Highly Somatizing Young Adolescents and the Risk of Depression Academic Article uri icon

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abstract

  • OBJECTIVE: To determine if high levels of somatization symptoms in 13- to 16-year-olds from the general population predict risk of major depression and other psychiatric disorders 4 years later. METHOD: Cohort study, using interview and self-report survey data from the 1983 Ontario Child Health Study (OCHS) and 1987 OCHS Follow-up. The study population included 1015 13- to 16-year-olds from the general community within Ontario. Baseline levels of somatization and emotional disorder were measured by the Survey Diagnostic Instrument, a checklist based on DSM-III criteria. Data were also collected for a range of sociodemographic factors, as well as the presence of chronic health problems. Major depression, anxiety disorders, and substance abuse and dependency at follow-up were measured using a self-administered questionnaire derived from the Diagnostic Interview Schedule. Bivariate and multiple logistic regression techniques were used to assess the relationship between high levels of somatization symptoms (>90th percentile) and later emotional morbidity, with adjustment for potential confounding factors, including gender and baseline disorders. RESULTS: Highly somatizing adolescents are at increased risk of major depression 4 years later, an association that is not explained by detectable emotional disorder at baseline or gender differences between groups. There is an important interaction between somatization and emotional disorder in predicting risk of major depression. It is primarily the group of 13- to 16-year-olds not recognized as being emotionally disordered at the initial OCHS survey in which somatization symptoms increased risk of later depression. The young teen with high levels of somatic complaints had as much risk of later depression as his/her peer with more typical symptoms of emotional disorder. Highly somatizing adolescents were also more likely to describe panic attacks at 4-year follow-up. There was no increased risk of substance abuse/dependency in the highly somatizing group or in generalized anxiety. CONCLUSIONS: High levels of somatic symptoms identified in young adolescents in the community represent a significant risk factor for major depression 4 years later, particularly in those individuals who do not present with more typical symptoms of emotional disorder. To detect the emergence of this serious emotional morbidity, adequate follow-up and continuity of care for these challenging patients are needed.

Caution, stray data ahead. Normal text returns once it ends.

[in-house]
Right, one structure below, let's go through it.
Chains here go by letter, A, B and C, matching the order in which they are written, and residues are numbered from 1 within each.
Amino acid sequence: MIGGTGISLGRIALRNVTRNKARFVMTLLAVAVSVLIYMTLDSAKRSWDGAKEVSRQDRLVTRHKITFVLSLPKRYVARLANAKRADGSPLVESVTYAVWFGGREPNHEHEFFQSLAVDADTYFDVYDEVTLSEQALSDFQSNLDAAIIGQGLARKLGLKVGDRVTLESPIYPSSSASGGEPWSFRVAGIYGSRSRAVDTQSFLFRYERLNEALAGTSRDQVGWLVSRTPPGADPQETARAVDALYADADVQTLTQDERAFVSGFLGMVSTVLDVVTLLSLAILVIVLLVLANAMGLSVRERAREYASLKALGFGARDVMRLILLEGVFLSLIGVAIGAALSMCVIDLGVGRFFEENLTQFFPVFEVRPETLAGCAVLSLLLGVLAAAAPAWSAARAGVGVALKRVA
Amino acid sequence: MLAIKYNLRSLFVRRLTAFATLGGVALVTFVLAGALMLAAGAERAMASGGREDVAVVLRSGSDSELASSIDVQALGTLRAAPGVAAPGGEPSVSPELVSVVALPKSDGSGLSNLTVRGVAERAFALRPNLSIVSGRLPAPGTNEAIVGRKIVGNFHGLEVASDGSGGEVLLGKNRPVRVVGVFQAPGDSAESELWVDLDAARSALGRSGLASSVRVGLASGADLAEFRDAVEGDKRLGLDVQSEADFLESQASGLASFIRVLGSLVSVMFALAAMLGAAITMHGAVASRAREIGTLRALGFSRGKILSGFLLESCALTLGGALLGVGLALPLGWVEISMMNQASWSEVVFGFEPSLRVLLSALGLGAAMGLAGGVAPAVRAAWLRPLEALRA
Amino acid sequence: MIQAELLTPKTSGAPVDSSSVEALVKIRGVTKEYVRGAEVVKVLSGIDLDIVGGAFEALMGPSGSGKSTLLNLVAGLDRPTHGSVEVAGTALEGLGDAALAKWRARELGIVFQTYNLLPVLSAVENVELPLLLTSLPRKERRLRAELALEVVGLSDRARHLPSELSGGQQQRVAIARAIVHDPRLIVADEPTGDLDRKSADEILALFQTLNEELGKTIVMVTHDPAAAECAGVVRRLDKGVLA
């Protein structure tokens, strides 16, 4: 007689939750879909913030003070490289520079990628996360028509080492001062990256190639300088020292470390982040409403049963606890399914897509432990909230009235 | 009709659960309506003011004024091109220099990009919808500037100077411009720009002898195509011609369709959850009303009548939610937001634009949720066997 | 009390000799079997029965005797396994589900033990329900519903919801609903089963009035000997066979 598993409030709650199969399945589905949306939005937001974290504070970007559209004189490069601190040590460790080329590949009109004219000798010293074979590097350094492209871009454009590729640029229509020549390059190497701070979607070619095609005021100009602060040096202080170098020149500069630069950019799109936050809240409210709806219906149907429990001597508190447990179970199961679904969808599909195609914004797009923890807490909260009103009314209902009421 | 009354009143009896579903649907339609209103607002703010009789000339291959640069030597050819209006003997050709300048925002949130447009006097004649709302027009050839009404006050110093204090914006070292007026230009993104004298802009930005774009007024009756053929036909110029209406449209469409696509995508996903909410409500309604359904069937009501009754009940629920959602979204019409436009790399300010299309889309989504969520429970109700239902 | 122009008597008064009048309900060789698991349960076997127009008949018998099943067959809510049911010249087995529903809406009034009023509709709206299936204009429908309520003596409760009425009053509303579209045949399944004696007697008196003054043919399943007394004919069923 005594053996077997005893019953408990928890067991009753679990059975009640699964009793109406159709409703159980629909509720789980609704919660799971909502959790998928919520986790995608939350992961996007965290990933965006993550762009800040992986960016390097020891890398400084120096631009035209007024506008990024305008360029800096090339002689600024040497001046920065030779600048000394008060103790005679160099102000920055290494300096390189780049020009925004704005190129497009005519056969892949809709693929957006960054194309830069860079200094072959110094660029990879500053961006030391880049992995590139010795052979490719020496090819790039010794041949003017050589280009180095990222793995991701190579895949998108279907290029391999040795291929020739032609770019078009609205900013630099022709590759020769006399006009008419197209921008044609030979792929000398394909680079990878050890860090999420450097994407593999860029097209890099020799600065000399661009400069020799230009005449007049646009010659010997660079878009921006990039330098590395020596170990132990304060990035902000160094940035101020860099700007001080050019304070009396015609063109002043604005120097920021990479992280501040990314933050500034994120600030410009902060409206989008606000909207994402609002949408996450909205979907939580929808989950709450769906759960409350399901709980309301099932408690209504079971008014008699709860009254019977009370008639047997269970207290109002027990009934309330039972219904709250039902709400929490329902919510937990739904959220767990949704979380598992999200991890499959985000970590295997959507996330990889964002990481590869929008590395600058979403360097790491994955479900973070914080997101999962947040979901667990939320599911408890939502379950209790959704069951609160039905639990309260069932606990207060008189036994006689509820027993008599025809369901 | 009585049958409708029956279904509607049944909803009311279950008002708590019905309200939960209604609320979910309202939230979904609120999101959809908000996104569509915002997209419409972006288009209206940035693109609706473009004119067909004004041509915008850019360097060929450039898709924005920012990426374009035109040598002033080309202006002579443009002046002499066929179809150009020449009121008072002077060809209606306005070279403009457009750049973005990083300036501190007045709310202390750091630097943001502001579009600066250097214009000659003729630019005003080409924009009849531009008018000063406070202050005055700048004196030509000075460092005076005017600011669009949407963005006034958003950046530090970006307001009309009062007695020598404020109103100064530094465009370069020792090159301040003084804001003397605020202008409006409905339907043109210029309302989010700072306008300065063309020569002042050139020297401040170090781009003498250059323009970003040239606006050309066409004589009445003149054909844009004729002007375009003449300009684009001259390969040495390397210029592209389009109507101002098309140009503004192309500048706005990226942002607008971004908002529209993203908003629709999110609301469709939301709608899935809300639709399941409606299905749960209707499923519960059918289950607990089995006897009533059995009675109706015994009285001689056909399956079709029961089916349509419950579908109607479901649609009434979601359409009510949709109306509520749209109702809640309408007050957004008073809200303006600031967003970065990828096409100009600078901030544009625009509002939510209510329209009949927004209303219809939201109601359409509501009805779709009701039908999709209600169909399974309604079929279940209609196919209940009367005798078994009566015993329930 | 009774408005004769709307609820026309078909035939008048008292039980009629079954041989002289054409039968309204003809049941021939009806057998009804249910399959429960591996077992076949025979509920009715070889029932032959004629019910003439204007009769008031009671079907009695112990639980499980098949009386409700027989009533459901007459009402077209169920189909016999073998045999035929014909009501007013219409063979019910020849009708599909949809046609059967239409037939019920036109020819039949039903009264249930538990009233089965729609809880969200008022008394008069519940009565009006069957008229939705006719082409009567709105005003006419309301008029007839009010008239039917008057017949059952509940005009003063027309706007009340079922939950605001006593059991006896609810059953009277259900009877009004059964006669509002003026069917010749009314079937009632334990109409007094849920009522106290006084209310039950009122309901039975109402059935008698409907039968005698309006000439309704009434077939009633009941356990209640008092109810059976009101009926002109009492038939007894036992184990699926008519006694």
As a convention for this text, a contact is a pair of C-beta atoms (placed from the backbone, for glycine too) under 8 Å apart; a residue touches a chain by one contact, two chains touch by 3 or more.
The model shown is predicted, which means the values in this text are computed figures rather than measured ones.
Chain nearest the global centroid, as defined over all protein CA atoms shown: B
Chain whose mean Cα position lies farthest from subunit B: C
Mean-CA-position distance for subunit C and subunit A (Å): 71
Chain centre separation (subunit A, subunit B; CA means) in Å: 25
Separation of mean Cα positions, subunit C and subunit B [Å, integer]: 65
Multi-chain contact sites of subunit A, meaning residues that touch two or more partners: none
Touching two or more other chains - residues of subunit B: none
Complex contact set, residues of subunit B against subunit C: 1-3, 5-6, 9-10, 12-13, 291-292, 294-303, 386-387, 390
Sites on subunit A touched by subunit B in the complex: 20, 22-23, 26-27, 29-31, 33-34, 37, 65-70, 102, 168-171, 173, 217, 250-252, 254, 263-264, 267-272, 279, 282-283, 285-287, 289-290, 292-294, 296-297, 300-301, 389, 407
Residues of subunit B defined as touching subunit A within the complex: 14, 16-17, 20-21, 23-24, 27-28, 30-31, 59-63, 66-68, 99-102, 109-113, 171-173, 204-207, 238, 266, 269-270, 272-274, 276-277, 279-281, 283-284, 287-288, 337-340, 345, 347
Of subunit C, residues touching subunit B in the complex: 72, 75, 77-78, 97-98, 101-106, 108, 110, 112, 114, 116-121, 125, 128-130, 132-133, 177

publication date

  • June 1, 1999